Dîner la nuit passée (pour une partie de quatre) :

Le entree
Red Endive with Honeydew melon wrapped in prosciutto

This was really easy to make. Take chunks of honeydew melon, plop it on top of a red endive leaf, wrap the whole thing with a strip of prosciutto. Repeat twice more, then plate and send it out.

Repeat until you run out of ingredients (you'll most likely run out of proscuitto first).

Le potage
Creamy Leek and Carrot Soup

Take one large onion and chop it up. Put it in soup pot with some oil, and put on medium heat. Add some garlic cloves, and cook until the onions become translucent. Then add chicken stock (in a perfect world, I'd use stock I'd made myself. Second choice would be either frozen stock concentrate or that "Better than Bouillon" stuff. Since this is not a perfect world, however (which means that I plumb forget to get some of option 2 at the supermarket), I just grabbed four cans of College Inn Chicken Stock and used that. As a side note, if you keep your canned chicken stock cool, the fat will automagically harden, which means that you can cook with fat-free stock). Add two medium Idaho potatoes, cut into slices, and three large carrots, chopped (so that they'll cook faster). Add the whites of two large leeks, chopped up (I used very large leeks, where the whites were about 10 inches long. I used one of the leeks to practice cutting the leek into julienne; since leaks cook relatively quickly, it doesn't really matter what shape you cut them into); discard the tougher, green fronds of the leeks. Cook until the carrots are soft.

Then puree (traditionally, I've used a conventional blender, which works great but is a PITA, since you need a tureen to put the soup in after it's been blended, and you have to do it in stages, simply because you can't fit all that soup into a blender jar at once. This time I bought one of those hand-held immersion blenders (the Braun Multiquick MR 400, which is exactly the same thing as this model, except that it's $10 cheaper because it doesn't come with attachments), and tried it out, and I have to say that it works pretty well. It's not exactly really easy to control -- the liquid comes up through the bottom and out through the sides, which means that 1. it's easy to make a mess, and 2. it tends to attach itself to the bottom of the pot like a vacuum cleaner. Having said that, it really does do a pretty good job). After that, add cream/milk (I was going to experiment with a yogurt drink, instead of cream, but it was really sour, so I scrapped that idea. After adding some skim milk, it was still not right, so I tossed in about a tablespoon of butter (1/8 of a stick), and that really brought it together). You can actually add the dairy before you blend it. Your call. Add pepper and salt to taste (you probably don't need to add too much salt at all unless you made your own chicken stock). Serve garnished with little chopped up green onions on top for contrast.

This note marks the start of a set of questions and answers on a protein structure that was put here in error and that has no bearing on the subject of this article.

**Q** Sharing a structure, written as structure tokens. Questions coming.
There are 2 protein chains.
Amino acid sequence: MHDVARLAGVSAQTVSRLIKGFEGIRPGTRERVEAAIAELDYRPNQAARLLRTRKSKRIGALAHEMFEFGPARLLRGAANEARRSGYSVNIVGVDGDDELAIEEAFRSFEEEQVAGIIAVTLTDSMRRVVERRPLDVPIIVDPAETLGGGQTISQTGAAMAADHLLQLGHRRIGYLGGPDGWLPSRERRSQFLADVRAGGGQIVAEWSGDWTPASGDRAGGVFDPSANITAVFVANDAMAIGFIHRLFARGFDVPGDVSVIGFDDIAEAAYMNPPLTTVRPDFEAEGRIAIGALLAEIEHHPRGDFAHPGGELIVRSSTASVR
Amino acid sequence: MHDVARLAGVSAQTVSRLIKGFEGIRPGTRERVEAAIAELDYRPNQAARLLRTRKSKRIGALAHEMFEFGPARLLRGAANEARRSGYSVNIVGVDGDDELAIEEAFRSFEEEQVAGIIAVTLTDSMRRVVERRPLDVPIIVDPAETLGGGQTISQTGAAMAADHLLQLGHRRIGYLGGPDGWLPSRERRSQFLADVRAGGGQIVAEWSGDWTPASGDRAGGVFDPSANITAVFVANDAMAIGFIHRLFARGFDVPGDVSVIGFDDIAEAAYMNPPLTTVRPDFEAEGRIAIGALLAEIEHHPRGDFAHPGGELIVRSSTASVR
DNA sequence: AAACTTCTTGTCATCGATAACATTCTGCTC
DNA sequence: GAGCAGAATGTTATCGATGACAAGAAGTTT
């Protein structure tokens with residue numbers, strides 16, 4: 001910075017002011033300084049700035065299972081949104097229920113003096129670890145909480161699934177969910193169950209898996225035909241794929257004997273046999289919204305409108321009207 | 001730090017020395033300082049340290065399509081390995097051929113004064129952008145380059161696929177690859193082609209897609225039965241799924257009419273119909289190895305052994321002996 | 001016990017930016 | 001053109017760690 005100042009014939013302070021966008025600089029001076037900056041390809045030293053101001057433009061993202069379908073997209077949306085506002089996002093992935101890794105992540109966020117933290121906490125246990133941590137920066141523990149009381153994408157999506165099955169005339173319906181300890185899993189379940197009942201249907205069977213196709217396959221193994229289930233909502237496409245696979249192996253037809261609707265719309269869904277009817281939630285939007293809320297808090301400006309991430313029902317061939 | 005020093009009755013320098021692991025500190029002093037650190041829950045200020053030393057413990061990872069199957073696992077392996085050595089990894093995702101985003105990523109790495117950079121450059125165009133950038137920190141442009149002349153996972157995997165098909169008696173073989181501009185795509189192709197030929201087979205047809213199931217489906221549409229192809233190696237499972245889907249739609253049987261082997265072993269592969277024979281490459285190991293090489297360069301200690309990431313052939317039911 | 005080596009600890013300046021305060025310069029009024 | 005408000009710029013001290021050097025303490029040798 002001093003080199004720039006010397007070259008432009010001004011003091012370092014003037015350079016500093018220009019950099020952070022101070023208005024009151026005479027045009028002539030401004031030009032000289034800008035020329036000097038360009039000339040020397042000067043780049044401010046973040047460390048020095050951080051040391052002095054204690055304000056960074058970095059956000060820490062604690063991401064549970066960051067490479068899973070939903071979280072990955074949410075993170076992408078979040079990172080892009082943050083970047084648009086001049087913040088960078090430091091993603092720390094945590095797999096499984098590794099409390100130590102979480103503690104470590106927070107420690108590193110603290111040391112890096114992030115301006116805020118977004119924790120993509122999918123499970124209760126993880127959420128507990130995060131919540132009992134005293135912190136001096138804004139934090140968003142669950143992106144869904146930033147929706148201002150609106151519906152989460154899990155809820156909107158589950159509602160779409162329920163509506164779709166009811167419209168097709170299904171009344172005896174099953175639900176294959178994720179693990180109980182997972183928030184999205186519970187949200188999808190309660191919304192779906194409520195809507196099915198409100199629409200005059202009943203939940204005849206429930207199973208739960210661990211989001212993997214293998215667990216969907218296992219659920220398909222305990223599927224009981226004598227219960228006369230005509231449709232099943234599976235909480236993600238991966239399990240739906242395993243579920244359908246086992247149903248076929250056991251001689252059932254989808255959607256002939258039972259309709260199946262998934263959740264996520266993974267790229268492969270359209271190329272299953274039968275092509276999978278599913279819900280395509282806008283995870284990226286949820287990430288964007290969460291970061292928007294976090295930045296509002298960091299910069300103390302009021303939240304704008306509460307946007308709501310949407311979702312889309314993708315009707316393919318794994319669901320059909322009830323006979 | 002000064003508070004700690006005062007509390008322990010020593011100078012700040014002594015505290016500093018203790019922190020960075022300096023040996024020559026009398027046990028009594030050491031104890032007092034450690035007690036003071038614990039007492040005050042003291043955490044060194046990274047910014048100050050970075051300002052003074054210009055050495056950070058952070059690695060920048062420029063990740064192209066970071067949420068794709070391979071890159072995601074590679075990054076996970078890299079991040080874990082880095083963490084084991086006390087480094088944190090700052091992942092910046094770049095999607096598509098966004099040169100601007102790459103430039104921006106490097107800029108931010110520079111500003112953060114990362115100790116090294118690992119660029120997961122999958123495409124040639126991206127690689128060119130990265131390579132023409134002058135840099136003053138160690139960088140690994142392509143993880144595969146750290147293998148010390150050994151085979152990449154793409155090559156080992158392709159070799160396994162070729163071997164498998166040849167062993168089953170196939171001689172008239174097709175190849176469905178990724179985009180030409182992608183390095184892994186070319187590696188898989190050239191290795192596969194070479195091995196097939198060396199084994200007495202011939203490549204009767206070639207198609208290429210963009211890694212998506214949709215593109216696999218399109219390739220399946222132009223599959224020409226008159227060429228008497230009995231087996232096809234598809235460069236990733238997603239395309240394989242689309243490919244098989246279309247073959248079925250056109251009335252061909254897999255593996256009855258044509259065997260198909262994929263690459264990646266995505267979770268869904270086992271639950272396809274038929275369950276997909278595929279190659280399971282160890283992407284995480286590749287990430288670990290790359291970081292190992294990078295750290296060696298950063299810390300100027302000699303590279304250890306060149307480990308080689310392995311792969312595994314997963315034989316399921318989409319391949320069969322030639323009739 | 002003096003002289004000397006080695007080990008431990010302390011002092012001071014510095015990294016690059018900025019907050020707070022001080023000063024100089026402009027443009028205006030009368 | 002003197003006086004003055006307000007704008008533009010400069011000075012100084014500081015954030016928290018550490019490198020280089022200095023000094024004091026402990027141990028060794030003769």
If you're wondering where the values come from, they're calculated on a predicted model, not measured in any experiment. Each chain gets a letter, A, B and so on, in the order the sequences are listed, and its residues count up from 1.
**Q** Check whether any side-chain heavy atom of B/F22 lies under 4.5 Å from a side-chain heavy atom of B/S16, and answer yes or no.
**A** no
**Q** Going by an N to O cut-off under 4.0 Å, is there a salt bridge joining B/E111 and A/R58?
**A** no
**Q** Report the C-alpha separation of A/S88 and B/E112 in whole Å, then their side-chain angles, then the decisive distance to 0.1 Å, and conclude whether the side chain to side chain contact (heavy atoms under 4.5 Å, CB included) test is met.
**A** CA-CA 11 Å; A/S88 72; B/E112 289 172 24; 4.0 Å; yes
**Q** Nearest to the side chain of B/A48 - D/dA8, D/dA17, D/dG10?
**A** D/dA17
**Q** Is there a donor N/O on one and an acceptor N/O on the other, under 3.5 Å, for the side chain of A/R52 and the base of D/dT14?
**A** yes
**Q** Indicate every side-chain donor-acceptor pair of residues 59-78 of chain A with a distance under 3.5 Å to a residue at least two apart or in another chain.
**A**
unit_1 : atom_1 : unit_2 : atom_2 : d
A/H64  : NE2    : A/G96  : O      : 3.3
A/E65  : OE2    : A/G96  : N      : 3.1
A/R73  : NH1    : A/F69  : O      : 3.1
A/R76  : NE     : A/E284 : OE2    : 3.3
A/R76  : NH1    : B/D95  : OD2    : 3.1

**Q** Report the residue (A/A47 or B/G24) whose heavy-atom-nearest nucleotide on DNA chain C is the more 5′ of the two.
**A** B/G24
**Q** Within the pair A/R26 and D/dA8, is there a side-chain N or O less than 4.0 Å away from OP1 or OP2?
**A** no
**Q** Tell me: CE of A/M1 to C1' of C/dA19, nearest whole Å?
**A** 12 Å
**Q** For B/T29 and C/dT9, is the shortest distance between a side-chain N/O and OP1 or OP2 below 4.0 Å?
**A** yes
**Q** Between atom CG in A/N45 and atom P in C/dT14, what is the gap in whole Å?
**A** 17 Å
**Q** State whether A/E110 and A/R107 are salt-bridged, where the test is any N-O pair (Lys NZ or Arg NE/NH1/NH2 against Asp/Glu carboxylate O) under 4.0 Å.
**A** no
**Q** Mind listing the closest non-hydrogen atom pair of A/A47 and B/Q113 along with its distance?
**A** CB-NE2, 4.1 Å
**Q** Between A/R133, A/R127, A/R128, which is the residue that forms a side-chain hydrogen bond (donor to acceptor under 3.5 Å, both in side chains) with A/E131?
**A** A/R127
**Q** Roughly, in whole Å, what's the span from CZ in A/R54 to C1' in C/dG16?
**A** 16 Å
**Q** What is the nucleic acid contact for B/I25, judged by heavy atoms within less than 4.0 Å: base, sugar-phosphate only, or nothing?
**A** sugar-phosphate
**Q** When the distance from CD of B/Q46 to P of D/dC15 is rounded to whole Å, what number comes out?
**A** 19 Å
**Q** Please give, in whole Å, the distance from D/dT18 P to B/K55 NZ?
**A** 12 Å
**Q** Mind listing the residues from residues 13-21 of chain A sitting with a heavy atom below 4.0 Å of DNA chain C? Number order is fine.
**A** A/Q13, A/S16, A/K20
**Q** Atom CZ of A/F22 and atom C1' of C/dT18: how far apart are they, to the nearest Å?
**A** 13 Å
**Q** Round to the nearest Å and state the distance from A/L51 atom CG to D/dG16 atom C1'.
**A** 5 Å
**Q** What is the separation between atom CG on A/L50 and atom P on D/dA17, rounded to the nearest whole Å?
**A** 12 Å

You can actually make this soup with lots of different vegetables -- broccoli, asparagus, etc.

As a side note, the quantities described here will make a lot of soup -- probably enough for 10.

Le plat du jour
Mixed Pasta with Ginger Prawns and Artichoke Sauce

It's "Mixed Pasta" because I didn't have enough of any single kind of pasta to serve four. And even then it was pushing it, which is why I added the shrimp.

I used two kinds of pasta: some exotically multicolored pappardelle I found while I was in Paris, and some leftover pork tortellini I had sitting, sans sauce, in the fridge. The pappardelle cooked really fast -- in about four minutes, which must be some kind of record for dry pasta.

Drain the pappardelle and set it aside.

Heat some olive oil in a large pan, and add freshly grated ginger directly to the hot oil (I grated the ginger directly into the pan. Add 1 pound of shelled medium shrimp. Toss for about two or three minutes, until it's done. Take care not to overcook the shrimp, otherwise they'll turn into rubber really quickly. Also remember that they'll continue to cook once to you take them off heat. Add pepper to taste.

Take shrimp off heat and reserve. Put a small jar of artichoke sauce (you can find it at Fairway) into the pan at high heat, add the tortellini, toss, add the pappardelle, toss it some more, then add the shrimp and toss once more. Turn off heat.

Plate pasta on about 1/2 - 2/3s of the plate. Garnish with dried parsley flakes, and add an endive leaf (left over from the entree) for extra color on the side. Serve.

Le vin
1999 Echelon Pinot Noir from the Central Coast.

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This page contains a single entry by Paul published on March 10, 2002 3:14 PM.

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